Just to give you a quick glimpse I took a couple rough snaps of some of my favorite projects and studios featured. Landworks Studio out of Boston, who I’ve mentioned here on DUS before takes us through their process of three of their projects: Court Square Garden, Crackle Garden, and Macallen Rooftop. Acconci Studio shows beautiful early concept sketches of Mur Island. And a young new studio NIPpaysage who is doing exciting work, illustrates projects Green Shift and Impluvium.

{NIPpaysage. Green Shift sketches}

{NIPpaysage. Green Shift sketches}

{NIPpaysage. Impluvium rendering and sketch}

Whether a veteran architect or a designer with an interest in landscape and it’s design process, I think you’ll find the book a resourceful piece of inspiration. A book, that will spend more of it’s time open on your desk then on a shelf.

via Design Under Sky

Planning on Visiting a California State Park this Summer? Think Again.

Adam E. Anderson
Design Under Sky

The budgetary woes of California is old news, and months and months of an unfinished budget debate between lawmakers and Gov. Schwarzenegger are digging a deeper hole for Californians. Just recently however the proposed budget that’s now pushing for approval is one that will effectively terminate funding for California State Parks, closing 220 parks up and down the Golden State (59 will remain open).

As anyone who’s visited one these parks, especially in the summertime, one can attest to their popularity as you’re rarely afforded the opportunity to experience one alone. I can only imagine the effect that the closing of so many will have on the impact of so few. More visitors filtered to the remaining inevitably means more degradation, more trash, and less serenity.

Part of me is willing to temporarily turn the other way given the economic crisis we’re in. Unfortunately, because of the fiscal mistakes of some sacrifices will have to come from somewhere. But, again I think lawmakers underestimate the necessity of parks, especially for overcrowded SoCal. And can just imagine the road rage of hundreds of over-sized truck owners when urban stresses cannot be relinquished with weekend park retreats.

The California State Parks Foundation quickly declared a Save Our State Parks Weekend (also known as the more urgent SOS Weekend) which will happen statewide June 20 to June 21. During this weekend, the campaign asks citizens to visit a park and take photos of themselves, and to wear green ribbons in show of solidarity. Save Our State Parks is compiling stories about state parks and calling for mobilization through its Facebook page, when I last checked already had over 31,000 fans.

One of the most notable parks set to close is the Los Angeles Historic State Park. One of the newest parks in the state system, these 32 acres are referred to as “the Cornfield” by locals due to a large-scale artwork by Lauren Bon that planted this former railyard with corn. After drawing awareness to the area, a park was designed by the competition-winning Hargreaves Associates to create a recreation area in this greenspace-deprived neighborhood.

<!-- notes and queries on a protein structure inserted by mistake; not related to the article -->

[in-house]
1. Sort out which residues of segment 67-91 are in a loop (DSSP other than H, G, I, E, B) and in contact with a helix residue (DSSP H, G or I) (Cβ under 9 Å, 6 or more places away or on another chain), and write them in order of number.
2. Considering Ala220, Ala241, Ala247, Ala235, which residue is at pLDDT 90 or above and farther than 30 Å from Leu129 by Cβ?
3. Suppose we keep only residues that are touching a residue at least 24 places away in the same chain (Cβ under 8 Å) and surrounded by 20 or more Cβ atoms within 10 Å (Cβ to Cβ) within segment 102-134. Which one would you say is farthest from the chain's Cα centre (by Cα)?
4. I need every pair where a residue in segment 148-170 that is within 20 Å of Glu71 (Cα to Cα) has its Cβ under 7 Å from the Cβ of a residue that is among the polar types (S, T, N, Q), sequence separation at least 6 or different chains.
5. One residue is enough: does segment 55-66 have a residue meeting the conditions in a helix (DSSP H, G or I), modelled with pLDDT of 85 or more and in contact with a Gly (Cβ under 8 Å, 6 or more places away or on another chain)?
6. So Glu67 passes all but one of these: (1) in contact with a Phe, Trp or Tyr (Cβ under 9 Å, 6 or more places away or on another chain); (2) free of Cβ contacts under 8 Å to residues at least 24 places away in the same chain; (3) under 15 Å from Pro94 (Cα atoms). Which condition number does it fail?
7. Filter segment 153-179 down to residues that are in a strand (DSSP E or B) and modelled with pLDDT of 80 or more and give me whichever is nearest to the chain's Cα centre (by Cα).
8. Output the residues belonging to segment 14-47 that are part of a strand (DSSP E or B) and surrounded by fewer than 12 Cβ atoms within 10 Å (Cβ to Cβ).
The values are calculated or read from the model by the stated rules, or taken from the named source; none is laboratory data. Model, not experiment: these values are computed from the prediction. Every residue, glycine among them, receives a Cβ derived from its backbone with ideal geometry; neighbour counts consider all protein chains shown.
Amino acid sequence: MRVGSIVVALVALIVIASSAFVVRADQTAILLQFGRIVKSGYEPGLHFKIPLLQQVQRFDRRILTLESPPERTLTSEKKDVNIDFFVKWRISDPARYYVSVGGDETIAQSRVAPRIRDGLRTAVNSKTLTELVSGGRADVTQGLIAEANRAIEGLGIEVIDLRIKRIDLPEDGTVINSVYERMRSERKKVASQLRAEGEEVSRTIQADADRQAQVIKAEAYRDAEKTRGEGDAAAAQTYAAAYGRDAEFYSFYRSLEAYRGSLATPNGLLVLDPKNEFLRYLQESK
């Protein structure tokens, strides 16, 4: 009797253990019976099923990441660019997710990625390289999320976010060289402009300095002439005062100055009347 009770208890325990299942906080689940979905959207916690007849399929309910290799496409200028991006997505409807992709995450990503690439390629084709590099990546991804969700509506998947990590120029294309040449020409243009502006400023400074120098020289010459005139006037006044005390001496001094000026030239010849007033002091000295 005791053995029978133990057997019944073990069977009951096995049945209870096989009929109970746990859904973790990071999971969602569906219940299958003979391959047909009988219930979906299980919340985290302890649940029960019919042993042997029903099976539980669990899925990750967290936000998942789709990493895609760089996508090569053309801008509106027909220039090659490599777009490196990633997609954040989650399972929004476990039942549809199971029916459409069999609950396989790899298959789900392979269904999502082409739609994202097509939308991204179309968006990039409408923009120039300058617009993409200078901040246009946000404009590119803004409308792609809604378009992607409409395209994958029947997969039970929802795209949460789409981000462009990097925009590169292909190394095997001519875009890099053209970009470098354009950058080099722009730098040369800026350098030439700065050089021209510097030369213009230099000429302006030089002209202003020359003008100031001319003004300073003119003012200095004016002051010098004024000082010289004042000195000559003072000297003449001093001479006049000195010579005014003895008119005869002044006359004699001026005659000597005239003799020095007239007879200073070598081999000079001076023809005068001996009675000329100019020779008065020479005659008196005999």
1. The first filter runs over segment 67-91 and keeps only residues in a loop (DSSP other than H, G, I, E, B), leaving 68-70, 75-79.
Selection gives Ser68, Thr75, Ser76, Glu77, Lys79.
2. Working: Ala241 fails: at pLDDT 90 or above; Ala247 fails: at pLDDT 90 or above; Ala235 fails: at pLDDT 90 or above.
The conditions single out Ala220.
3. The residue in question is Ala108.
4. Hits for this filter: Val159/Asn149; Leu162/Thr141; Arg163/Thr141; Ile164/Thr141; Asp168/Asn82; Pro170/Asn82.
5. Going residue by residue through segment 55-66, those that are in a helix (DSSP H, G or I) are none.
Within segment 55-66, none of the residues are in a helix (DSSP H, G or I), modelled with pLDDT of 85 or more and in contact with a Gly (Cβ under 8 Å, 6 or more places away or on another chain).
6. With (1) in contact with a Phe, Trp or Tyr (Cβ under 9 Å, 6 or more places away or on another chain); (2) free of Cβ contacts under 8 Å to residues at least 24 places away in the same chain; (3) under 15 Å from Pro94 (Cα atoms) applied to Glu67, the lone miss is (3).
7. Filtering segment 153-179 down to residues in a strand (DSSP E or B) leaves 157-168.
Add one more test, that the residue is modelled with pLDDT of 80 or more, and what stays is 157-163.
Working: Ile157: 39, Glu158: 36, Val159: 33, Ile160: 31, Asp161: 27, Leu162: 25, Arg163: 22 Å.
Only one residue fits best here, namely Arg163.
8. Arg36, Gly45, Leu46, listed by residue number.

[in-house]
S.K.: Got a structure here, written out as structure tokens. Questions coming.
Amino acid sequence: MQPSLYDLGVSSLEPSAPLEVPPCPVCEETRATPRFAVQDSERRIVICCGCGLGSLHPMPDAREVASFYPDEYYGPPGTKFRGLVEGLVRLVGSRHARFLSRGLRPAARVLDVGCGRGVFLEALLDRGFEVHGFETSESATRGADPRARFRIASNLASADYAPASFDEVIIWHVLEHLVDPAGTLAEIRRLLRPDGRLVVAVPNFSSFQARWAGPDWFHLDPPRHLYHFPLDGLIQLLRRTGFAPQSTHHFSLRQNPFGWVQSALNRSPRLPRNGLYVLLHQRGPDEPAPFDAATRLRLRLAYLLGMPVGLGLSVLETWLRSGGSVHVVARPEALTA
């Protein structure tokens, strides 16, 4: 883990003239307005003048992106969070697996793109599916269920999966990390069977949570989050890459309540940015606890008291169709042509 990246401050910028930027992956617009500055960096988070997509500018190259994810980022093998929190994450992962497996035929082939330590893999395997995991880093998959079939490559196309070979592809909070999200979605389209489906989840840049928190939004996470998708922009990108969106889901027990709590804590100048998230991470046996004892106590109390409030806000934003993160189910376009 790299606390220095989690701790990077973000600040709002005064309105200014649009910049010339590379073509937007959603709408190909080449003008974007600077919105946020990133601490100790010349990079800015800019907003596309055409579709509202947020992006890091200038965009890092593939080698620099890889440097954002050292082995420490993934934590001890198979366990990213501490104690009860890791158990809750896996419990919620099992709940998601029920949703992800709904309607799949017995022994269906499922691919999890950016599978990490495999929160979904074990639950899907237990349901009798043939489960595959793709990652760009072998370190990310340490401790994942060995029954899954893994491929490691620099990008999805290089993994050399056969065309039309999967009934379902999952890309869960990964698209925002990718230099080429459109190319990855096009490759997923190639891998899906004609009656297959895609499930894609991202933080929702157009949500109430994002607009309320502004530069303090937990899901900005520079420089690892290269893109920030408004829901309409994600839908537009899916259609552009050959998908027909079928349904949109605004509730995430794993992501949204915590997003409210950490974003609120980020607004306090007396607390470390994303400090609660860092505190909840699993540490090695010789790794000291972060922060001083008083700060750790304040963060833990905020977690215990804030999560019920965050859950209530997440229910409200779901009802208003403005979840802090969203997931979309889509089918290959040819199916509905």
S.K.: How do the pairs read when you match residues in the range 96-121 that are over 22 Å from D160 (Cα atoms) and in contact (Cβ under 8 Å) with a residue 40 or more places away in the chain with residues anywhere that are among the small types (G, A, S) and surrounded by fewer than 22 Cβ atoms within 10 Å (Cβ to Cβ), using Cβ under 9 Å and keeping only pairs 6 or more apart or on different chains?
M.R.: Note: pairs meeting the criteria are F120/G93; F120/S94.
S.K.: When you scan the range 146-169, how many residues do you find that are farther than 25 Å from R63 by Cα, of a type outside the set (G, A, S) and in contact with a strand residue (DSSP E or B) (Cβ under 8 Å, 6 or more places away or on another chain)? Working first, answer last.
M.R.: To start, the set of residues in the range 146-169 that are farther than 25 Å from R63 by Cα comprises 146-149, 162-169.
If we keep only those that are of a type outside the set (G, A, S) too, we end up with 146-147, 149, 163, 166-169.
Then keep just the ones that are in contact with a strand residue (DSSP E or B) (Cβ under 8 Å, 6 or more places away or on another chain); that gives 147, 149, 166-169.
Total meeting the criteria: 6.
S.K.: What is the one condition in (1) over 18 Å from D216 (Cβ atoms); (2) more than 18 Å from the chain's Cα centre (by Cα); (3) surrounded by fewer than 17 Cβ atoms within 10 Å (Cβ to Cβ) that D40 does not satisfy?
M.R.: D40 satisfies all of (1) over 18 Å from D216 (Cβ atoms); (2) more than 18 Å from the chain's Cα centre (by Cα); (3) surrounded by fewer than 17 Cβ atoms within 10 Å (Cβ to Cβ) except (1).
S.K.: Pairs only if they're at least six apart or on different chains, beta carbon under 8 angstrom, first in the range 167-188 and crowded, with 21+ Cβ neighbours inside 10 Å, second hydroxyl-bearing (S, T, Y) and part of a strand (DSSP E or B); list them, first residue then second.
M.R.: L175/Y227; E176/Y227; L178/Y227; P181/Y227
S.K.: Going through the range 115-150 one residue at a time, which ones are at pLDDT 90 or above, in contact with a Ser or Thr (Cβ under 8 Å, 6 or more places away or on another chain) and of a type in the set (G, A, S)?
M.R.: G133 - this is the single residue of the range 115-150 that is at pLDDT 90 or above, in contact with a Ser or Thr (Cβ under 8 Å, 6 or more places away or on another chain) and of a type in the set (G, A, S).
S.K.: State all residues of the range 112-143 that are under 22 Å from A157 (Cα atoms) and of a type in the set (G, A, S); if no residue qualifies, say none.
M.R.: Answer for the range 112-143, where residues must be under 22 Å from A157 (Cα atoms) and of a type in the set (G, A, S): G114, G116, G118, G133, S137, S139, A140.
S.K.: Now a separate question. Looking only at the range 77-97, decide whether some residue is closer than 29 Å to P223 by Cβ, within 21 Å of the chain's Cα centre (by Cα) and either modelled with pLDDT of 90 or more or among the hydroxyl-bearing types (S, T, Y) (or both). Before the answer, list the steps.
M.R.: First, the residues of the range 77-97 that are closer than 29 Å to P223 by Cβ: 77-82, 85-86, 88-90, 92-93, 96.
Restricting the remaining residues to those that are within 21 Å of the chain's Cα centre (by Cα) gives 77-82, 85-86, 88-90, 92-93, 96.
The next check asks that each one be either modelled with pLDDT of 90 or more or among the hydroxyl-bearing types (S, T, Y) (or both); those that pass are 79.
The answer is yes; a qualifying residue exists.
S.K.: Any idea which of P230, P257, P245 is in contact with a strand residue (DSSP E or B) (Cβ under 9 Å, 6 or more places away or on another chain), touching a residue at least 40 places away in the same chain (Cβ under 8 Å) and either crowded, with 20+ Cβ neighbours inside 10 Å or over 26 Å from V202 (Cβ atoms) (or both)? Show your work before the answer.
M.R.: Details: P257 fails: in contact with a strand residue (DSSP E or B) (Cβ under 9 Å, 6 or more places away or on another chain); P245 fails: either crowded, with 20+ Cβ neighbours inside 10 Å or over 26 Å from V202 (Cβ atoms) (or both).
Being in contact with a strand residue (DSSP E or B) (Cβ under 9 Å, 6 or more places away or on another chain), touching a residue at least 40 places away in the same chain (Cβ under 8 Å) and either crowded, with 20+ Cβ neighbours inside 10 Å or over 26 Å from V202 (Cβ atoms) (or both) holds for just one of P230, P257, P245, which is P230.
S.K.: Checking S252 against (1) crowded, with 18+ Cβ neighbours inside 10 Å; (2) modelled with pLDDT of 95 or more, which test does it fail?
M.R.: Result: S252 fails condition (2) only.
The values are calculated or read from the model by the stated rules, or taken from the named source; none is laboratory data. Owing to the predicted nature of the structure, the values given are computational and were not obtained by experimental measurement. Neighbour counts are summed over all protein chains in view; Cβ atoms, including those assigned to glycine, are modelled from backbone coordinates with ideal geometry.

{Malibu Creek State Park}

Another unfortunate closing would be the Malibu Creek State Park. The trails of this mountainous park northwest of Los Angeles wind through canyons, over mountains with stunning rock formations, and along the 25-mile long Malibu Creek. But the park is perhaps best known as the location for many Hollywood productions, including the TV show M*A*S*H, which left behind plenty of its vintage war vehicles.

If you’d like your voice heard you can go the California State Park Foundation website for links to petitions and their facebook page.

Design Under Sky

The Remotest Places on Earth

Design Under Sky

{Image via New Scientist}

On April 18th 2009, the New Scientist published an article on a remarkable project developed by researchers at the European Commission’s Joint Research Centre in Ispra, Italy, and the World Bank. The authors combined a series of maps to create a new map of connectedness showing the most interconnected and remote places on earth.

The maps are based on a model which calculated how long it would take to travel to the nearest city of 50,000 or more people by land or water. The model combines information on terrain and access to road, rail and river networks. It also considers how factors such as altitude, steepness of terrain and hold-ups like border crossings slow travel.

{Image via New Scientist}

Plotted onto a map, the results throw up surprises. First, less than 10 per cent of the world’s land is more than 48 hours of ground-based travel from the nearest city. What’s more, many areas considered remote and inaccessible are not as far from civilisation as you might think. In the Amazon, for example, extensive river networks and an increasing number of roads mean that only 20 per cent of the land is more than two days from a city – around the same proportion as Canada’s Quebec province.

The maps were created to show how the distribution of people affects their access to resources such as education and medical care, and how we are increasingly pushing wildlife out of even the wildest corners of our planet.

The first image shows the final map of connectedness while the second image shows a zoomed view over the world’s most remote place: the Tibetan plateau. From here, says Andy Nelson, a former researcher at the European Commission, it is a three-week trip to the cities of Lhasa or Korla – one day by car and the remaining 20 on foot. Rough terrain and an altitude of 5200 metres make this the most secluded place on earth.

Design Under Sky

McHarg’s Design with Nature Revisited

I have to admit my first attempt to read Ian McHarg’s Design with Nature while in school was haphazard to say the least. But there was drinking, tomfoolery to be had, and skirts to chase, what concern did I have with the environment and my impact on it as a designer.